Seventh, just before the court hearing, NAI used written consents to amend CBS’s bylaws.  First, it required that dividend issuances be approved by 90% of the directors (which would make it impossible for the independent directors to act without the cooperation of the Redstones).  And second, it required that any director action to amend the bylaws would, again, require a 90% vote.  The second bylaw was necessary; under Delaware law (though not the MBCA) there is nothing – so far – that prevents a bylaw war, so that shareholders enact a bylaw and directors repeal it and so on and so forth, except that shareholder-enacted bylaws pertaining to the number of votes necessary to elect directors cannot be repealed by directors. See DGCL §216.  So you could end up with things like the Bank of America situation, where the Board unilaterally repealed a shareholder bylaw, though it eventually caved to shareholder demands and held a vote to ratify the change.  (The shareholders did so ratify.)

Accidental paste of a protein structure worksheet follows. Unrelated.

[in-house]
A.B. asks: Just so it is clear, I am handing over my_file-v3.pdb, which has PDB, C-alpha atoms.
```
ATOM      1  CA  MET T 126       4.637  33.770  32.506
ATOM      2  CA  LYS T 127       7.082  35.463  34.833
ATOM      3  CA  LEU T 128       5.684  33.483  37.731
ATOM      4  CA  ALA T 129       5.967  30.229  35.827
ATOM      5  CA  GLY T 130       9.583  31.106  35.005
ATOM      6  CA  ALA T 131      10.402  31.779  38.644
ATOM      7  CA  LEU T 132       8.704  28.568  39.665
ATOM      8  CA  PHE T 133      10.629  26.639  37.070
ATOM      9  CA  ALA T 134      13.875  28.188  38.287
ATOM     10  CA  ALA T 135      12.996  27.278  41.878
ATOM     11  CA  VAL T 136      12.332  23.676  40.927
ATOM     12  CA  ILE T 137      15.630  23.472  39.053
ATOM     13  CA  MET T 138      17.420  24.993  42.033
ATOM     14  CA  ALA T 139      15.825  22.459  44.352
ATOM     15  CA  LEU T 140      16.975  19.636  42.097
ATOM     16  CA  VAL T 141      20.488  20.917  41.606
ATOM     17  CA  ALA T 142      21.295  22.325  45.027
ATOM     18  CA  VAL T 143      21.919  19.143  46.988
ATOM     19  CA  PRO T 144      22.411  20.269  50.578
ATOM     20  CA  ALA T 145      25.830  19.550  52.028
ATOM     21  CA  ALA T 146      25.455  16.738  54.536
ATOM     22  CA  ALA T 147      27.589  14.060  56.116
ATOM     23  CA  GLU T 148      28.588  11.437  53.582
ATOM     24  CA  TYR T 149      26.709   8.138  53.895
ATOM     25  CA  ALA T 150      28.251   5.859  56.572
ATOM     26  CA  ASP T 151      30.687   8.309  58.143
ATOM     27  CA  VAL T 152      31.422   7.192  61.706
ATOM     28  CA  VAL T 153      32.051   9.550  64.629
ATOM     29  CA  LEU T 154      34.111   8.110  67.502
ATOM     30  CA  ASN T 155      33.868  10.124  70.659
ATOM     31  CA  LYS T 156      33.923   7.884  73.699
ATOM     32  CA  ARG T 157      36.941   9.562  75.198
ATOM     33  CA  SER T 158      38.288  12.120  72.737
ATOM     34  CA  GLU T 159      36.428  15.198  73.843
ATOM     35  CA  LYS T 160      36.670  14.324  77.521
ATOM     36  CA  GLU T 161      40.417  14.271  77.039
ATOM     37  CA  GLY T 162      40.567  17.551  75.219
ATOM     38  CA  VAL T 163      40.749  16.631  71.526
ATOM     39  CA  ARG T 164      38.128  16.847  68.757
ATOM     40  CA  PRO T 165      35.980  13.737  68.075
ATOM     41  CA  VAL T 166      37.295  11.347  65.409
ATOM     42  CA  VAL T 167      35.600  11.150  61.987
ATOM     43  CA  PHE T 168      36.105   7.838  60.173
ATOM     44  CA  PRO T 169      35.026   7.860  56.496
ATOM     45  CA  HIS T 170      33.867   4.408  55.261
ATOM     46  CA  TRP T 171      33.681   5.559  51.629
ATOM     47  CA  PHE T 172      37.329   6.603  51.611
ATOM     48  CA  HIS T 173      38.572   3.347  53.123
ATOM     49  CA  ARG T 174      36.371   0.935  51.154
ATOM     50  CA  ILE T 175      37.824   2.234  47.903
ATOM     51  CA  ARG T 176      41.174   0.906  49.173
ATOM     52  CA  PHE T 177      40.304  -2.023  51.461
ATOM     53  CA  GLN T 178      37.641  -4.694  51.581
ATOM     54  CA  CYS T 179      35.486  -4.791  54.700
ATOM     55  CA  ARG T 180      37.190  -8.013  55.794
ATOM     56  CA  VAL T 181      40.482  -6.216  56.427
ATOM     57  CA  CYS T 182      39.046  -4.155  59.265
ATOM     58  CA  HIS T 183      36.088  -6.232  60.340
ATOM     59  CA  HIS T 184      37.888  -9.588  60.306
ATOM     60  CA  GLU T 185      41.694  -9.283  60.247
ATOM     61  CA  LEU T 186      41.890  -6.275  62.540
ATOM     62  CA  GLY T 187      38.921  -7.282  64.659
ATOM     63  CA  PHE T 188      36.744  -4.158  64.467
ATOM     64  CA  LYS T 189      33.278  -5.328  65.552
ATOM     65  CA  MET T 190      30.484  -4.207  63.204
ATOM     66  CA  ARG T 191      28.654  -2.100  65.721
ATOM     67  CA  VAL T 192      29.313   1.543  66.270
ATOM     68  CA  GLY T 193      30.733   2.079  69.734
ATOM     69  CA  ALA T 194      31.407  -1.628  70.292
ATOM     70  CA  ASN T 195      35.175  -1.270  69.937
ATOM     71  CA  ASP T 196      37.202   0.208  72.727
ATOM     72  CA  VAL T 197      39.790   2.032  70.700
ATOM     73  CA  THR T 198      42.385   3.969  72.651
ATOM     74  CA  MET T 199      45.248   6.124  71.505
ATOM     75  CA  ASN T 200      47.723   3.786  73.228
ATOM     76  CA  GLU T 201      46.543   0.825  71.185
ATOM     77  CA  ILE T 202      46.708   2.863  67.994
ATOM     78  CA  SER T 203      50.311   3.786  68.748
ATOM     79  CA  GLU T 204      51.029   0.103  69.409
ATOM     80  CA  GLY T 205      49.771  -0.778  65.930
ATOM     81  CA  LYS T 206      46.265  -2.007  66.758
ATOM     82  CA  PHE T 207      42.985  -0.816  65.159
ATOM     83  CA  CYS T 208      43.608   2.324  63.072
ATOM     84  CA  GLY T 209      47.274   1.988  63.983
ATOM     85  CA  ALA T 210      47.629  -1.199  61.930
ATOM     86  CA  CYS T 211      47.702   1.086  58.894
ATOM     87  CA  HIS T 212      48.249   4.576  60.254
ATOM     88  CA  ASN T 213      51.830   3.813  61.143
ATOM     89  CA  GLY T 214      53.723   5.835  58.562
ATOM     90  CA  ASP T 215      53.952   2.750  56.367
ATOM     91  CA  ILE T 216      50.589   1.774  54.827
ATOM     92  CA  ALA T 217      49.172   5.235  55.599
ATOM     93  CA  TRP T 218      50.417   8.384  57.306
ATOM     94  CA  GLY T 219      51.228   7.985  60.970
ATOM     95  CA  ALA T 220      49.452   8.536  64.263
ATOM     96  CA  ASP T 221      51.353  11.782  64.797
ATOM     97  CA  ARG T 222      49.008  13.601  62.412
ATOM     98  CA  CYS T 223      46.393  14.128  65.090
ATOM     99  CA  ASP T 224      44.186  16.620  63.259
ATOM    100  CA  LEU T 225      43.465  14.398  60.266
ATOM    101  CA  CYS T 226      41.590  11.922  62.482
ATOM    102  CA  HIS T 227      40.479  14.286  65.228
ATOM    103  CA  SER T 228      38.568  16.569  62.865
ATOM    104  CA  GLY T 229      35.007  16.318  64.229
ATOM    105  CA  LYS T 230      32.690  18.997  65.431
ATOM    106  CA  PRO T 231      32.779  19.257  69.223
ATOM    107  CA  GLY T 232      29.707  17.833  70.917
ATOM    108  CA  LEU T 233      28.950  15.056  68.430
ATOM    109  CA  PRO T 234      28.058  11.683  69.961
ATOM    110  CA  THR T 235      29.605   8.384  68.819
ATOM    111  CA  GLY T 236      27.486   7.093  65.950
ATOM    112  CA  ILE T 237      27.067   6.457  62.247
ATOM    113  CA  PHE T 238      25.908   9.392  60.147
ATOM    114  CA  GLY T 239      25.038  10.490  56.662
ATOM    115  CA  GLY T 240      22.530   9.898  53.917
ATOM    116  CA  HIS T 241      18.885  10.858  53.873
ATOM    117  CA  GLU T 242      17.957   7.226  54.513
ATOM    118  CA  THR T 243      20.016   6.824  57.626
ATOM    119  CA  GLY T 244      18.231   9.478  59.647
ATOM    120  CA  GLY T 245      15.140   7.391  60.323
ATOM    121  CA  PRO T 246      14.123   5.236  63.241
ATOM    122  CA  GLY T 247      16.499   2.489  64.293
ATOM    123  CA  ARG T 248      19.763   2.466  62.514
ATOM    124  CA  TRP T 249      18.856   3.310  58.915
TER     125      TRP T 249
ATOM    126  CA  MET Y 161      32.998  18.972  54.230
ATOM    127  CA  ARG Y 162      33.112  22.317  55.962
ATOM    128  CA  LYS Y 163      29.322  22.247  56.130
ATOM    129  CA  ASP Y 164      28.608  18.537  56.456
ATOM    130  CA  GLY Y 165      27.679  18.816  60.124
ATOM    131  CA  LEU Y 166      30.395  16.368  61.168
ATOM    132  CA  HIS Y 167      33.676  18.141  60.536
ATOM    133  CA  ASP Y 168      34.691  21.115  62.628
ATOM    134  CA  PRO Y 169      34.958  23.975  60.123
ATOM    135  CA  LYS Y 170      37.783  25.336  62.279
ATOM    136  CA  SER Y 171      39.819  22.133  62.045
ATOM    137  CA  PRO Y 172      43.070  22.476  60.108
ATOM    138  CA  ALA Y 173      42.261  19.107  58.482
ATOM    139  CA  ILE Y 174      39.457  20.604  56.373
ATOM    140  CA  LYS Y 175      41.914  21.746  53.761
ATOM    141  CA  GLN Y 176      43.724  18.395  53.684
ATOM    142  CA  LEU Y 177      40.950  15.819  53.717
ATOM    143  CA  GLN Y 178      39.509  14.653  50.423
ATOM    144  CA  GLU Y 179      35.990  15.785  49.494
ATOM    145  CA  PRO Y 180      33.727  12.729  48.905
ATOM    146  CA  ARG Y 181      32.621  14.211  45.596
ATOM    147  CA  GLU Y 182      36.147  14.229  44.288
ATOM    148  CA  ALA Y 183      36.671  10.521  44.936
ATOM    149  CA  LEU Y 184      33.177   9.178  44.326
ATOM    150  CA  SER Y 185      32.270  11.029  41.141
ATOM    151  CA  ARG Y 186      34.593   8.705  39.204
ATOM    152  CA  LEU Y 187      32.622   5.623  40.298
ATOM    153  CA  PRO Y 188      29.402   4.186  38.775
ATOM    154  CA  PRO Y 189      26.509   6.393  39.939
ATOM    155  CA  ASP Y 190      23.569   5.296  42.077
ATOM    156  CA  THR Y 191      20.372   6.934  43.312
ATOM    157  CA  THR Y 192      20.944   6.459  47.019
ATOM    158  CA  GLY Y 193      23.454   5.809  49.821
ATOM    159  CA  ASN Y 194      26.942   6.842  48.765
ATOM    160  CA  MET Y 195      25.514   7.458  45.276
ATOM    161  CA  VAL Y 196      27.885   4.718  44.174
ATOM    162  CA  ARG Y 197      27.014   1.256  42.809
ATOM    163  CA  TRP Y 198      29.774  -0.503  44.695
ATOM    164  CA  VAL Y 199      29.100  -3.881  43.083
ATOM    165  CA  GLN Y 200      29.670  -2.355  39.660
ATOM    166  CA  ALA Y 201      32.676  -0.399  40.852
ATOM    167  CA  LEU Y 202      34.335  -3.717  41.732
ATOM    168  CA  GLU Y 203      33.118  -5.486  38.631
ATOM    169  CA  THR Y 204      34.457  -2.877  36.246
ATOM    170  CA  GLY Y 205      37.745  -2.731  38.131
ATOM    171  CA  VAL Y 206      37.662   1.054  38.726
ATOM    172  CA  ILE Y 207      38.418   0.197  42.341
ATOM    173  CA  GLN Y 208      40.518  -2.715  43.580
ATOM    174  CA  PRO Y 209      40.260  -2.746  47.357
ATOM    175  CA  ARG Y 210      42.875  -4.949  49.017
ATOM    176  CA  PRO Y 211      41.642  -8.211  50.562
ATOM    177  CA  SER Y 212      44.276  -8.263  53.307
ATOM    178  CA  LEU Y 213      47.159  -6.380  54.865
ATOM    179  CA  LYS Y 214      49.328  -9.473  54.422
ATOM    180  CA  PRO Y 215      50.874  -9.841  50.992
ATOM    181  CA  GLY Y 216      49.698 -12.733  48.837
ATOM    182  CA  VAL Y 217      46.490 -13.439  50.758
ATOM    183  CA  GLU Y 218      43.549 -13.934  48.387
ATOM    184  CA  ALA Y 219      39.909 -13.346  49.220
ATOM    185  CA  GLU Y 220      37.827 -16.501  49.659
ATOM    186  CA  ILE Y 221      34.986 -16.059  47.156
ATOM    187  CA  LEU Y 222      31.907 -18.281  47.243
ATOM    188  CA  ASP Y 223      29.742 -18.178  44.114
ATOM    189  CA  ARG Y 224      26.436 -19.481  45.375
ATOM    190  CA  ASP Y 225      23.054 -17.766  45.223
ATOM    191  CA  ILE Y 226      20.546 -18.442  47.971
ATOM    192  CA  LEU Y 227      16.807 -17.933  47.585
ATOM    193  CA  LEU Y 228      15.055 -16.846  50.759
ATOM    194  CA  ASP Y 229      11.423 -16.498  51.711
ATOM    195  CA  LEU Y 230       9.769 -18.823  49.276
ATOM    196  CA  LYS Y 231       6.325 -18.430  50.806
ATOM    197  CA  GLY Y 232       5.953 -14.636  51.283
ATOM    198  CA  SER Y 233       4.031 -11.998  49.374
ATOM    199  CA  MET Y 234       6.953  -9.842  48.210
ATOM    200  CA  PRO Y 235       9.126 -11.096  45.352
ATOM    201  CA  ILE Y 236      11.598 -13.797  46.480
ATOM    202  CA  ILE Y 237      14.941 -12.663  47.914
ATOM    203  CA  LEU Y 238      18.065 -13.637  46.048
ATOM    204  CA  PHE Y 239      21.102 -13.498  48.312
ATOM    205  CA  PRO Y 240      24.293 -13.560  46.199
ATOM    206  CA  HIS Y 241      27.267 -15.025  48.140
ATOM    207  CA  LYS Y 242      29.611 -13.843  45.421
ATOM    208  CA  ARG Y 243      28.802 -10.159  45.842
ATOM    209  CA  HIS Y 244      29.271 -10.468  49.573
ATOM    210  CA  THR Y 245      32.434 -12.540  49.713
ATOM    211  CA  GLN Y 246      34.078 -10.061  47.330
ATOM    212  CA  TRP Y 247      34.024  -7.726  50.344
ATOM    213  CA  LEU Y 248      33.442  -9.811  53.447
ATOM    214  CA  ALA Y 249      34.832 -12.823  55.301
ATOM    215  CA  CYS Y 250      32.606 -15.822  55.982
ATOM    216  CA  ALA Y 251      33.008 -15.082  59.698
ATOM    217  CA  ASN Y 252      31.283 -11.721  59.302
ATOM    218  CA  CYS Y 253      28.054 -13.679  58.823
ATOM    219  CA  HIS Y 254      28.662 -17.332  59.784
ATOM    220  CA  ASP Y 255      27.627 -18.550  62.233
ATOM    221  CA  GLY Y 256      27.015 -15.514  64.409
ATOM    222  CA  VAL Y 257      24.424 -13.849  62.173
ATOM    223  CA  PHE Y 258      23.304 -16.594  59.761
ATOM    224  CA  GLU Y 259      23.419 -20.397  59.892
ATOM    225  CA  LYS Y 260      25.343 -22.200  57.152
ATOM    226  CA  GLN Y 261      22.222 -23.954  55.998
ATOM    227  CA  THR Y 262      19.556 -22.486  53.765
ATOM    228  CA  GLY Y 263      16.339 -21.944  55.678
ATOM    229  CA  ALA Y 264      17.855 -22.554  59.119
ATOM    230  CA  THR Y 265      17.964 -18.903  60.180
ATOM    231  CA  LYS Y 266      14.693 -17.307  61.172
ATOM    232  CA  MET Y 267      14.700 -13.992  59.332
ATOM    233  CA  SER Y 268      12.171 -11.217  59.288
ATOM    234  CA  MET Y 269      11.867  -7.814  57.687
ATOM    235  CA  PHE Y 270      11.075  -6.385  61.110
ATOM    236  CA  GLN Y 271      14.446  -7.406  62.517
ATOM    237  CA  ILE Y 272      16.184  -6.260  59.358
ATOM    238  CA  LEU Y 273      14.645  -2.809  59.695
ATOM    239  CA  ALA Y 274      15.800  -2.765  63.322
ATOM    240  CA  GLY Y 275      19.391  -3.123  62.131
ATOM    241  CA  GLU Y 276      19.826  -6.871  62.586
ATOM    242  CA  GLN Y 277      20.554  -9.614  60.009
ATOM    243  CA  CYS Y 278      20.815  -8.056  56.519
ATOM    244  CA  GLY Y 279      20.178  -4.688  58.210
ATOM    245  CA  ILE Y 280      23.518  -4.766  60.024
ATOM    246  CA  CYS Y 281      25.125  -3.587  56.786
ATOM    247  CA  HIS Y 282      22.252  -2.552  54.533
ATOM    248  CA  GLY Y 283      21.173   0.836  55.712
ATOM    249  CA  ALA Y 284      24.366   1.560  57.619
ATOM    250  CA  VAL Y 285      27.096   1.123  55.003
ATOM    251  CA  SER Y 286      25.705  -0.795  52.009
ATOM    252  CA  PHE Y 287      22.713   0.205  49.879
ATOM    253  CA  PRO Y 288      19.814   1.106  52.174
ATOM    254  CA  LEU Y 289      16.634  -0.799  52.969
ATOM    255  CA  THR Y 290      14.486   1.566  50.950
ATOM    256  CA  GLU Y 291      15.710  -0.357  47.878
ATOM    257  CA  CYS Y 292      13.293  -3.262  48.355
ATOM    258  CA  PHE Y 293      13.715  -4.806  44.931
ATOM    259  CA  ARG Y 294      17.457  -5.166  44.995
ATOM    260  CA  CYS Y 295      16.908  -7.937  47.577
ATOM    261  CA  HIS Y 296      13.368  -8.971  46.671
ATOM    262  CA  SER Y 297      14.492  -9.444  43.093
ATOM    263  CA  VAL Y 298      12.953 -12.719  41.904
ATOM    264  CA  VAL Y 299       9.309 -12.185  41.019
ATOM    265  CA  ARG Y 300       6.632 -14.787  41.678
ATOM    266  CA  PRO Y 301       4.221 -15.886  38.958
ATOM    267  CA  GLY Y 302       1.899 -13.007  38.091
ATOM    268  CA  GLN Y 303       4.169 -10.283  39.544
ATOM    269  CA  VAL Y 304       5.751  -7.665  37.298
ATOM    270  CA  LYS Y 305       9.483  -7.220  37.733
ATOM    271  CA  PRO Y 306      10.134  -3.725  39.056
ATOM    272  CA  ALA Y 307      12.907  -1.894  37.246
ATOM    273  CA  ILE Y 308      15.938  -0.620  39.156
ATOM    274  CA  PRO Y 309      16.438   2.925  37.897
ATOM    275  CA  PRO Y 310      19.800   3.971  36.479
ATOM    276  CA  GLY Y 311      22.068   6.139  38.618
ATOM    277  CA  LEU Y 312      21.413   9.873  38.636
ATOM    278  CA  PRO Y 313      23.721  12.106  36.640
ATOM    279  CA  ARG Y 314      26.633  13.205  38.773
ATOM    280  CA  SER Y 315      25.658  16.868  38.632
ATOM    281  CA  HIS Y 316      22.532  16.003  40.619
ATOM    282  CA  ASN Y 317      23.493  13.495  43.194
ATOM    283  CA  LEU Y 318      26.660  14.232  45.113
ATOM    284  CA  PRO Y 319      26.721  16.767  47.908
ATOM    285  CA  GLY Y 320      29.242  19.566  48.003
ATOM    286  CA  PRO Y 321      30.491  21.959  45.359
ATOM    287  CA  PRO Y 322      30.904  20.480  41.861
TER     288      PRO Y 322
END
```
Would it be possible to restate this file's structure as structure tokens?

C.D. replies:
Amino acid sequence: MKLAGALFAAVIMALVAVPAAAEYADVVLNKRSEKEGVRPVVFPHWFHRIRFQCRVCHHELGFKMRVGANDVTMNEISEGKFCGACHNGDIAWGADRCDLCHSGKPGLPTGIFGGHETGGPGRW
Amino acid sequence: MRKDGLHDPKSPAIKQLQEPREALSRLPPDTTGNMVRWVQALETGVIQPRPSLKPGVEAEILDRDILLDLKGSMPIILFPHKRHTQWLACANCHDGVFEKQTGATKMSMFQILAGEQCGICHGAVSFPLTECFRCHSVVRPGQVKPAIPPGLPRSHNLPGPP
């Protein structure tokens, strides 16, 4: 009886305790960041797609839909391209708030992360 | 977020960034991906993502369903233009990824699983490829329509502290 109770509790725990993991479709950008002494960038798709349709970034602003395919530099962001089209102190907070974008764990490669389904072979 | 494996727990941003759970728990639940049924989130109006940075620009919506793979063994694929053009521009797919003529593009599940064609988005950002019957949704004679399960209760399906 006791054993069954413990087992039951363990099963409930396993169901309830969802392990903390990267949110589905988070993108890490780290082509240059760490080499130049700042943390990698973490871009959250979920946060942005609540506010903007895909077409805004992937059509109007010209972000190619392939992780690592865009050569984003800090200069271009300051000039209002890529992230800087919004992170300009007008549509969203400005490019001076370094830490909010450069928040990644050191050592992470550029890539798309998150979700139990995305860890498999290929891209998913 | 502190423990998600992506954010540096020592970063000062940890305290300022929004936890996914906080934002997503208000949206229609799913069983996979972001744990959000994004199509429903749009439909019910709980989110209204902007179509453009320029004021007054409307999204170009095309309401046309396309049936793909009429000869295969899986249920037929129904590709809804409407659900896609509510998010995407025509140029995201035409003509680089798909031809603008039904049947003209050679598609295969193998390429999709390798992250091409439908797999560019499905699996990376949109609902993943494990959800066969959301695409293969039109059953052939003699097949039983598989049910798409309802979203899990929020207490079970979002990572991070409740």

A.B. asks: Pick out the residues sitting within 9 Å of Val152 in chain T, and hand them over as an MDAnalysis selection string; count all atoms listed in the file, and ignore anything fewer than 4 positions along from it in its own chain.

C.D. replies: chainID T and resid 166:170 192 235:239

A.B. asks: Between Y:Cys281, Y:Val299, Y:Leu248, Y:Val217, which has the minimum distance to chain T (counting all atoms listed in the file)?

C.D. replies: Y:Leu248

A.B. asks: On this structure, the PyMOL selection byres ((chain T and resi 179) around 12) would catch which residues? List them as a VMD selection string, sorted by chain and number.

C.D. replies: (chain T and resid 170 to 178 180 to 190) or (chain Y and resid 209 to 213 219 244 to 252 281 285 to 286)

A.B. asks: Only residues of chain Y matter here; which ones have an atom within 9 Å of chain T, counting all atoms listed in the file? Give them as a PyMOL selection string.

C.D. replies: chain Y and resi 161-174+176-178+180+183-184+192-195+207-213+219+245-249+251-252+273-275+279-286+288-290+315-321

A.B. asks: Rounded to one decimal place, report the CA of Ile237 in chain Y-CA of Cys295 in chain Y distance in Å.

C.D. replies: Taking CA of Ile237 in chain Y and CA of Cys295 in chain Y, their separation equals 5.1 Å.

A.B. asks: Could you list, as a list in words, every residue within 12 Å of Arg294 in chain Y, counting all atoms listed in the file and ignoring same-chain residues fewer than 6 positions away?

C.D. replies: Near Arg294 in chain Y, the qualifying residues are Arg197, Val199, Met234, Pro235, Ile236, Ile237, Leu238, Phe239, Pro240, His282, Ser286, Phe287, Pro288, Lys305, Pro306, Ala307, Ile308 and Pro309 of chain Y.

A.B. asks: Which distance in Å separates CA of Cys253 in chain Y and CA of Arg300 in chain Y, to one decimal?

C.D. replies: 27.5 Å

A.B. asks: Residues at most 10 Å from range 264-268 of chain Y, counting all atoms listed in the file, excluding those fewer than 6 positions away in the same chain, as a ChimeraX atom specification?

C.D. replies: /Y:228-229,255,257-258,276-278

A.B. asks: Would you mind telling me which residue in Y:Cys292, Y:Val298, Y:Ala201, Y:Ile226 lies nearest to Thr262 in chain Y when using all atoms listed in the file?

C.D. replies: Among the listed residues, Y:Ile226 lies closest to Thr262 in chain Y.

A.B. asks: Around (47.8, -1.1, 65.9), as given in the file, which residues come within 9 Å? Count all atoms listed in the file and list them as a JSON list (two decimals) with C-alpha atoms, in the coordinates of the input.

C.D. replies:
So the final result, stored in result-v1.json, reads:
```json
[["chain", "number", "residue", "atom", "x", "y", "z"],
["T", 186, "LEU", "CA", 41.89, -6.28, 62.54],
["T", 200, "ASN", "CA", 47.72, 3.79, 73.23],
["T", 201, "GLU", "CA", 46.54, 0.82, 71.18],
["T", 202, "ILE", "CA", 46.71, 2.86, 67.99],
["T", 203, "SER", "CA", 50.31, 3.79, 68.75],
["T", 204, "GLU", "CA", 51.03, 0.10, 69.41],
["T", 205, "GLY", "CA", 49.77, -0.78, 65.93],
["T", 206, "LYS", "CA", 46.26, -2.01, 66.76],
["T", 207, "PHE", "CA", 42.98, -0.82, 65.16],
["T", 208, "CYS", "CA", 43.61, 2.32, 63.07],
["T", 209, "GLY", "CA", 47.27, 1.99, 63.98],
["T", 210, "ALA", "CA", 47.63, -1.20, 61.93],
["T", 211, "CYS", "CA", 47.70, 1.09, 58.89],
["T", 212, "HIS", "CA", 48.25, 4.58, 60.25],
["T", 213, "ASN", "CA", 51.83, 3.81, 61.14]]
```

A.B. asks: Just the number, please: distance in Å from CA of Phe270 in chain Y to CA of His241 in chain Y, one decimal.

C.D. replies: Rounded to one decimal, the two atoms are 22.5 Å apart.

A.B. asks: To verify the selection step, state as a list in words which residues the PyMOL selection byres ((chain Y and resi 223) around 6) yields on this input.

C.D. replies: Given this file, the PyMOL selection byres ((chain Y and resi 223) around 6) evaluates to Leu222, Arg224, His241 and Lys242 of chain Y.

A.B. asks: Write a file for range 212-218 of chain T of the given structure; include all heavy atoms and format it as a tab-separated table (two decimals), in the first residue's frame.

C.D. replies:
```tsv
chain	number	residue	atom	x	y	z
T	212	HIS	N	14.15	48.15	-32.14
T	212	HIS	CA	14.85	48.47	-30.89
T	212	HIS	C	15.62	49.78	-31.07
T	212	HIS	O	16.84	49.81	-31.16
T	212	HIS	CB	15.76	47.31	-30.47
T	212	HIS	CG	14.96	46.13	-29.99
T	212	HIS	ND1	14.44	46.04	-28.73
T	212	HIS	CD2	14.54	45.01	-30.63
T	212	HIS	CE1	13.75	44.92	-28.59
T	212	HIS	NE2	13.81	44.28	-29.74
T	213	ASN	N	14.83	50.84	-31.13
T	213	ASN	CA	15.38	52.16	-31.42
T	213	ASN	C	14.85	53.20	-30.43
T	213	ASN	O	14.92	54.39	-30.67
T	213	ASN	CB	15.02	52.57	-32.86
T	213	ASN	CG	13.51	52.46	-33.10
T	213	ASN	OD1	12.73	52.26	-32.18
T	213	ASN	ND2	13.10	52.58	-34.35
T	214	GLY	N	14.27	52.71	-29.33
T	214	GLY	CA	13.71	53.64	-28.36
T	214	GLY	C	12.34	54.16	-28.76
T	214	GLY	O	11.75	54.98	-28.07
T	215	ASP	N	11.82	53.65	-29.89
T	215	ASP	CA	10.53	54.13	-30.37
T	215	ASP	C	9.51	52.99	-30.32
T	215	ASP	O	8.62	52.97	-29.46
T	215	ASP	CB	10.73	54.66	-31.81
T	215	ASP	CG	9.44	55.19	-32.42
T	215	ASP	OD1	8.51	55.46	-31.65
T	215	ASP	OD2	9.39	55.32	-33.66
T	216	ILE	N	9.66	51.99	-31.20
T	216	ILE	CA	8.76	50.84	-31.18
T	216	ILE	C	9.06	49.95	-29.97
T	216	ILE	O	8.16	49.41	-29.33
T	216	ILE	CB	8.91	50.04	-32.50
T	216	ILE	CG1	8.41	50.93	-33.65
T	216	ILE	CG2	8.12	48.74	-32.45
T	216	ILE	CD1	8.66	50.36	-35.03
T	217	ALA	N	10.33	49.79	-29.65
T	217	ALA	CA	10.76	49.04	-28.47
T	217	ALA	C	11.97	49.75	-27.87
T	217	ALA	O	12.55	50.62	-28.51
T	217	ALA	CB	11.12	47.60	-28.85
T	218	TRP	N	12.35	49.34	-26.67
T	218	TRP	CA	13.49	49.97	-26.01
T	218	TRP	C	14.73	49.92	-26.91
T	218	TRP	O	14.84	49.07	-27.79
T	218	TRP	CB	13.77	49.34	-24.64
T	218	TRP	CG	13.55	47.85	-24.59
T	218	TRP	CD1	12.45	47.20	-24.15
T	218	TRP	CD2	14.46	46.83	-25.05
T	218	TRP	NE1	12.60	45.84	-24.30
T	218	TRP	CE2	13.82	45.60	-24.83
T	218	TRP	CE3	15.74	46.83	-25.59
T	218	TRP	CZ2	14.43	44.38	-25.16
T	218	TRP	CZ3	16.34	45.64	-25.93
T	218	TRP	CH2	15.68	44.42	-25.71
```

CBS apparently intends to argue that Redstone’s bylaws are invalid.  It has been reported that CBS plans to argue no bylaw changes take effect for 20 days, and – per Twitter (here and here)– I have learned that the basis for this argument is apparently Rule 14c-2, though its application to written consents solicited by stockholders is perhaps contested.

Now in Franz, a new controller used written consents to alter the corporate bylaws to limit actions that the incumbent board could take, and the Delaware Supreme Court upheld the bylaws; CBS may also intend to argue that, unlike Franz, in this case, the bylaw amendments were simply inequitable (which was an argument that prevailed in Hollinger).